When war was declared in September 1939, the British Admiralty began to consider how best to use the Queen Mary for the war effort. After some debate, which included the strong possibility of conversion to an aircraft carrier, it was decided that because of her size and speed, she was best suited as a troop carrier.
For defense, the ship was fitted with a wide array of armament, which included five 40 MM machine guns, similar to the one pictured here. The length of the barrels measure 94.8 inches, and the gun has a range from 3,000 to 5,000 yards. A crew of seven, headed by a gun captain, were assigned to man it.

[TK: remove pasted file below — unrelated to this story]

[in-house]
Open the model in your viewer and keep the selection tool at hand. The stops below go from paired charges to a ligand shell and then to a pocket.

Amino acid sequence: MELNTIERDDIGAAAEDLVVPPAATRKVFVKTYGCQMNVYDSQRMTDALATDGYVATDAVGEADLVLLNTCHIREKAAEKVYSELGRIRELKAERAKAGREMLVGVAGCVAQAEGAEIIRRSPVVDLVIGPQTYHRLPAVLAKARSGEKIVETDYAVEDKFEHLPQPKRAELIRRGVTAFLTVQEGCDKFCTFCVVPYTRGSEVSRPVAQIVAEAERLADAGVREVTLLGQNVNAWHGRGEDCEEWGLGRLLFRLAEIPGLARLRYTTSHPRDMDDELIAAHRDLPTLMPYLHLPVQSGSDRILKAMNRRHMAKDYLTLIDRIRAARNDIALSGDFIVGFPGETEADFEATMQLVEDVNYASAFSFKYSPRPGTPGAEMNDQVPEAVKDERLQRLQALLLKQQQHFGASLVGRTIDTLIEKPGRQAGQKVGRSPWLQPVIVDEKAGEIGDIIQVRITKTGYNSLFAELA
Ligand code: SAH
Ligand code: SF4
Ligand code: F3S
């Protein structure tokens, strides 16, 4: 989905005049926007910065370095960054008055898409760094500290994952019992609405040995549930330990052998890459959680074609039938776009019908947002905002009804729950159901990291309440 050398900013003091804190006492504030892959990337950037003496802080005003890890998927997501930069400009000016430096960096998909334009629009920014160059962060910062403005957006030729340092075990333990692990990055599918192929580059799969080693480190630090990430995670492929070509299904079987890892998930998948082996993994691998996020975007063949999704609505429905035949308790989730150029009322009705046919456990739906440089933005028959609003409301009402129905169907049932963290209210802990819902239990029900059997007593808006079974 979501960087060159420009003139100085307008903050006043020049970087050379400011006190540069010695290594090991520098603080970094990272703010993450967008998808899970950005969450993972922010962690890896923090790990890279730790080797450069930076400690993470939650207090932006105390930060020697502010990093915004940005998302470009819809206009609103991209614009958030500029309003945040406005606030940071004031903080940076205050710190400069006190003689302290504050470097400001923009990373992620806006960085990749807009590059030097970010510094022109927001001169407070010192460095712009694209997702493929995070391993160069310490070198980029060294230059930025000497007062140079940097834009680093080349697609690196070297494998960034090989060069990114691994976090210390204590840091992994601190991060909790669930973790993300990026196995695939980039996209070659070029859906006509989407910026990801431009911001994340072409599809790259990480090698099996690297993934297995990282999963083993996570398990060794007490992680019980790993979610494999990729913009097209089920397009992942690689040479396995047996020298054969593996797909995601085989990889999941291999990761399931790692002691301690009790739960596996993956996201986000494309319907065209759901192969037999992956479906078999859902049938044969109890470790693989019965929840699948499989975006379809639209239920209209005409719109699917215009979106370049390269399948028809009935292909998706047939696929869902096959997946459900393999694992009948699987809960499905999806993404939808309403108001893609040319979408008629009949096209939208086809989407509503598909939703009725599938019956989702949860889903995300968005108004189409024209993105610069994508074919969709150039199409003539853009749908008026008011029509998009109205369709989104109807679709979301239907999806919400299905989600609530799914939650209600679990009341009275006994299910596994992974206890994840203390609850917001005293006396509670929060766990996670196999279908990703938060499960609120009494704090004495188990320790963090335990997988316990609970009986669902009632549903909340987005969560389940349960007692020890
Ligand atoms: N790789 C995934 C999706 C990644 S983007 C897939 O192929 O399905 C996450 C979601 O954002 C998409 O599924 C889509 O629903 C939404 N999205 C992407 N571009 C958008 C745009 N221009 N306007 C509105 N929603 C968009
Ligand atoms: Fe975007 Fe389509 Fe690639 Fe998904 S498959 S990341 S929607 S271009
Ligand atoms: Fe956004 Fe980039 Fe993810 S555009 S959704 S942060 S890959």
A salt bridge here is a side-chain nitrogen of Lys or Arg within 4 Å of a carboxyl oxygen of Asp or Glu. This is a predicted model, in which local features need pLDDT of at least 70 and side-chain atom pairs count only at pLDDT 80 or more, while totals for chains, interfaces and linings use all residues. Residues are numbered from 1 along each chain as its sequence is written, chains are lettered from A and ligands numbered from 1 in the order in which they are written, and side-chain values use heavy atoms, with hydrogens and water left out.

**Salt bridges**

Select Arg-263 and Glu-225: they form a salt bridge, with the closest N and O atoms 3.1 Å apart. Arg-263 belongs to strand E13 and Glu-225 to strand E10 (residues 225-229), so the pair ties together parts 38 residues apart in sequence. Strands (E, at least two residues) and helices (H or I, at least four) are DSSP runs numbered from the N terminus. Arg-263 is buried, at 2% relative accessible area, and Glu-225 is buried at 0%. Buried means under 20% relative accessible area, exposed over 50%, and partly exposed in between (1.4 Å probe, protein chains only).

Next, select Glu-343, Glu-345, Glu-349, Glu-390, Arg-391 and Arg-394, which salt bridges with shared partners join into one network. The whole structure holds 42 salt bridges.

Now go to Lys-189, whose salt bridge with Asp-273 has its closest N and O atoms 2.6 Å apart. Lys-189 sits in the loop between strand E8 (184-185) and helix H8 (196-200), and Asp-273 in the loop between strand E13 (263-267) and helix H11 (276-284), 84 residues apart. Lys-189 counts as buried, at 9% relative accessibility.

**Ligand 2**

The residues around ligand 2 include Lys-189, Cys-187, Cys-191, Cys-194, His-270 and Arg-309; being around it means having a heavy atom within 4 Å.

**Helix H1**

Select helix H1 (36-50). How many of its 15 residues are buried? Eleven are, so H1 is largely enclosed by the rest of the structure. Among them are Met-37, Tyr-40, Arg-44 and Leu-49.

The crew were responsible for keeping the guns in good working order and ready for action, frequently firing them for practice. Despite the readiness of the Queen Mary's gun crews, she never encountered enemy action by air or sea, and never had cause to fire her guns in anger.
Most armament was removed from the ship in May and June 1945, the remainder was taken off during her post-war refit in 1947.
All photos from the Pacific Coast Highway trip are tagged "pch" if you want to see what has been posted so far.
Photo captured August 16, 2012.
New photos posted on most Mondays through Thursdays.
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